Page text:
States unfairly take children from poor parents
Yes, tougher state rules are removing more and more children from their parents and overloading the system ("Adopting in the US," July 29). But contrary to your editorial, a lot of those parents are not "abusive or otherwise unfit."
Far more common are children like those in the Florida family taken solely because their house was overcrowded and the electricity and water were cut off because their working father couldn't keep up with the bills. Even when the community raised $13,000 to help the family, the child welfare agency wouldn't give the children back. Or the Missouri mother who lost her job as a home-health aide and then lost her rented house. When she asked the child-welfare agency for help, they took her children. Or the New Jersey children taken from loving parents solely because of housing problems and because there was a rich suburban couple that wanted to adopt them. The caseworker said he was told by his supervisor that "children should be taken away from poor parents if they can be better off elsewhere" and when he wouldn't go along, he was fired.
These cases are far more common than the brutally abusive, hopelessly addicted parents who make headlines. That's why even as crime, poverty, and child abuse have declined, the foster-care population keeps going up. The new laws touted by the Monitor are simply a way to turn the child welfare system into the ultimate middle-class entitlement: Step right up and take a poor person's child for your very own.
Alexandria, Va.Executive Director
National Coalition for Child Protection Reform
Regarding: "A diploma: new ticket for immigrants?" (July 25): They are not "immigrants" and they are not "undocumented students." They are illegal aliens who broke our laws by either sneaking into our country or remaining here after their visas expired. They should be permanently deported, not rewarded with the lowest tuition rates and citizenship.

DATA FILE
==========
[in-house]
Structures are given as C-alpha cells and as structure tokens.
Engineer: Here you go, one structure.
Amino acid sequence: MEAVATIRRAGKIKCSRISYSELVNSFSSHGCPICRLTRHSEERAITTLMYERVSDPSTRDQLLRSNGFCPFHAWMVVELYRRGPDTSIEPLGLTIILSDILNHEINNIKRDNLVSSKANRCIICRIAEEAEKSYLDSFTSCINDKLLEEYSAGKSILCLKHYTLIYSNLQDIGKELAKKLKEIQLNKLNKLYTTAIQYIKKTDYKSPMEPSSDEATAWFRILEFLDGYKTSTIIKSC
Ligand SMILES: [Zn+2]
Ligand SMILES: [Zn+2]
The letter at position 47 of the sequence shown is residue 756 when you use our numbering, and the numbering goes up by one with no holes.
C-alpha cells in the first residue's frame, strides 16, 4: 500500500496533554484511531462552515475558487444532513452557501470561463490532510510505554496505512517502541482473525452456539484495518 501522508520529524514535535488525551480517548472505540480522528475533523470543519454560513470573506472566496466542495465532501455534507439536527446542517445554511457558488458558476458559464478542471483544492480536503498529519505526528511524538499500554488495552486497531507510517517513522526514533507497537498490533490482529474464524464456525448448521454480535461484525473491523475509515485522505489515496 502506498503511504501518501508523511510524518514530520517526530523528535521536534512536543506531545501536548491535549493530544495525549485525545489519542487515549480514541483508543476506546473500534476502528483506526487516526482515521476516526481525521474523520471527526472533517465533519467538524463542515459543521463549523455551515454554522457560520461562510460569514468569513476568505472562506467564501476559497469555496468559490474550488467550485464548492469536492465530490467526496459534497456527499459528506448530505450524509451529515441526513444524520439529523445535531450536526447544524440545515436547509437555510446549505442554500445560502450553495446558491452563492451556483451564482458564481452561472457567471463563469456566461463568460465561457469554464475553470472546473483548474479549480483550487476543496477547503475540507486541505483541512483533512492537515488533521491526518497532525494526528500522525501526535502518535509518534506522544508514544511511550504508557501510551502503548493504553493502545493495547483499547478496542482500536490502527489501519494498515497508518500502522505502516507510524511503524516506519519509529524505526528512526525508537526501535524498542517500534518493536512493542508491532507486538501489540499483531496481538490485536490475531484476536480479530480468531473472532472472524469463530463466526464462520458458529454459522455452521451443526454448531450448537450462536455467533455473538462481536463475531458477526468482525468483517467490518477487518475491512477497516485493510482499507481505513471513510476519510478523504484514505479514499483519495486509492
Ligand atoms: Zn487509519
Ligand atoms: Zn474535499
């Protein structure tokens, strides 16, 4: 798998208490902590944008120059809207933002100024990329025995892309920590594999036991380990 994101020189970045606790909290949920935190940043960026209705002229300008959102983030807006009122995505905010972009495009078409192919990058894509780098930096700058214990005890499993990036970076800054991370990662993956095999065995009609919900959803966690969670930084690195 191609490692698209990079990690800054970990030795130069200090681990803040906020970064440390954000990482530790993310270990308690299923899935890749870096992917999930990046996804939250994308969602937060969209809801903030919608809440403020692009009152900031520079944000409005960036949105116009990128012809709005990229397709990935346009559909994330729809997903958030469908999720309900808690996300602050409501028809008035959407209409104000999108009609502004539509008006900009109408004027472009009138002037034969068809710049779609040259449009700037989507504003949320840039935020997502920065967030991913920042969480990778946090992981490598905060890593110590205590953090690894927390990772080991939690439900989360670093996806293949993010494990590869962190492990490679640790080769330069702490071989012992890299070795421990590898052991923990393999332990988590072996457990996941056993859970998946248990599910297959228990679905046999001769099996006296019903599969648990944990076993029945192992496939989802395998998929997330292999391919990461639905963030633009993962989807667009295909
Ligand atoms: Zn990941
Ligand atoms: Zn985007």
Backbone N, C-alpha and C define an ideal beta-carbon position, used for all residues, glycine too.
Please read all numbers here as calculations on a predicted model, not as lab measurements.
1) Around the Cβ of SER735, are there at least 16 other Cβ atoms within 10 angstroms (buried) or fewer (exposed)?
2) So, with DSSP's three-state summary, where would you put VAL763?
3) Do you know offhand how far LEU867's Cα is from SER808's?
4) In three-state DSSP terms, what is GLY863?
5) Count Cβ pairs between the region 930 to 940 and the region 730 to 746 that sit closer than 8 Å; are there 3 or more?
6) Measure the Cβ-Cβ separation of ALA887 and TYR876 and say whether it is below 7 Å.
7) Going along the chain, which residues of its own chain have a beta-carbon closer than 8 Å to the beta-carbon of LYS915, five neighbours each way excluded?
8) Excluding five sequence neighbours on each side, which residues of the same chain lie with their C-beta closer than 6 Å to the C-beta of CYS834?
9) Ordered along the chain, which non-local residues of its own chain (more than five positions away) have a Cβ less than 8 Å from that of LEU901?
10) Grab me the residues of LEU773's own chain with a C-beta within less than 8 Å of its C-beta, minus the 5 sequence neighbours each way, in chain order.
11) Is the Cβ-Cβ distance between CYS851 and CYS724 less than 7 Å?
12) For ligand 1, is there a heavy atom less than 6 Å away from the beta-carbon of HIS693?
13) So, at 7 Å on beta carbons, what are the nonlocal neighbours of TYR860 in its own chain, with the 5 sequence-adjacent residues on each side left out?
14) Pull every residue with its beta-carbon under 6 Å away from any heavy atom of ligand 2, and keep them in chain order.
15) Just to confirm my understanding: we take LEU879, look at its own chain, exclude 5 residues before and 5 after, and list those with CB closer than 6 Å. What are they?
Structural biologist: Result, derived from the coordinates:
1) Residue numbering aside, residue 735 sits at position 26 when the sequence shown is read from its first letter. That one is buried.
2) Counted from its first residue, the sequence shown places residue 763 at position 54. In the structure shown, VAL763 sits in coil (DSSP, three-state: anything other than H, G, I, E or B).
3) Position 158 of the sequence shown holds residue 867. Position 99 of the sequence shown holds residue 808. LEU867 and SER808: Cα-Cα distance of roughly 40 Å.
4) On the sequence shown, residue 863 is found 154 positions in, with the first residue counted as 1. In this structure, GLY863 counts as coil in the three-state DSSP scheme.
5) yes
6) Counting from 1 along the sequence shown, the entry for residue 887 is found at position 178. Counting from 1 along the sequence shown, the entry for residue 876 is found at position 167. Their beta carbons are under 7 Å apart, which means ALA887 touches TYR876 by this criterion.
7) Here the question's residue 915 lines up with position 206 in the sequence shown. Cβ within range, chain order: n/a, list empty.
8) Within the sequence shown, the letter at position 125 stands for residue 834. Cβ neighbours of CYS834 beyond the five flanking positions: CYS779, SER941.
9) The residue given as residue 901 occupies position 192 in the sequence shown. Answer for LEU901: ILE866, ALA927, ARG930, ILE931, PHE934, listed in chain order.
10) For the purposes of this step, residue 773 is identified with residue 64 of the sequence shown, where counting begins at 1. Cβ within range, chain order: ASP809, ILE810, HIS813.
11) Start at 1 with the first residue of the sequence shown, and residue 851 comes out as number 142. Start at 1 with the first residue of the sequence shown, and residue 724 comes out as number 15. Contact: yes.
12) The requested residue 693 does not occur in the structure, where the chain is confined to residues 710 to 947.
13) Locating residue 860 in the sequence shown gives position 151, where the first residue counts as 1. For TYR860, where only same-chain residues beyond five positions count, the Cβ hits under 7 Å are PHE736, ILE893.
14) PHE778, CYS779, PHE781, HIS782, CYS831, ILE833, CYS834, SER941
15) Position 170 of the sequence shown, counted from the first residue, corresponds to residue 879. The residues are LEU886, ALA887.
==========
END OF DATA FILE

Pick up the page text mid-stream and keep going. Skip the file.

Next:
Where is the fairness in charging a US citizen student, from out of state, the much higher out-of-state tuition while rewarding a law-breaking illegal alien with the lower in-state tuition? With crazy ideas like this in Congress, it's no wonder we have around 7 million illegal aliens in our country and another 300,000 being added every year.
The perceptive opinion column, "Who will lead an Arab renaissance?" (July 24) overlooked one important problem of the crisis Arab nations face, and that we face as well in our struggle against terrorism. That problem is population growth.
Populations of Middle Eastern countries are on course to double in the next few decades, after a threefold increase since 1960. How can these countries raise their living standards and provide education, jobs, and opportunity to all these restless young people? How can women's rights, freedom, and good government be achieved in time to erode the natural resentment of impoverished people to follow leaders who preach hate and promise simplistic solutions, usually involving violent action against those more fortunate?
There are no easy solutions to the problems faced by Arab nations, but as acts of terrorism demonstrate, these problems are ours as well. In our own self interest, we must try to defuse the hatred and violence by helping to improve conditions faced by young Arabs as they struggle to better their lives.
John H. Blake
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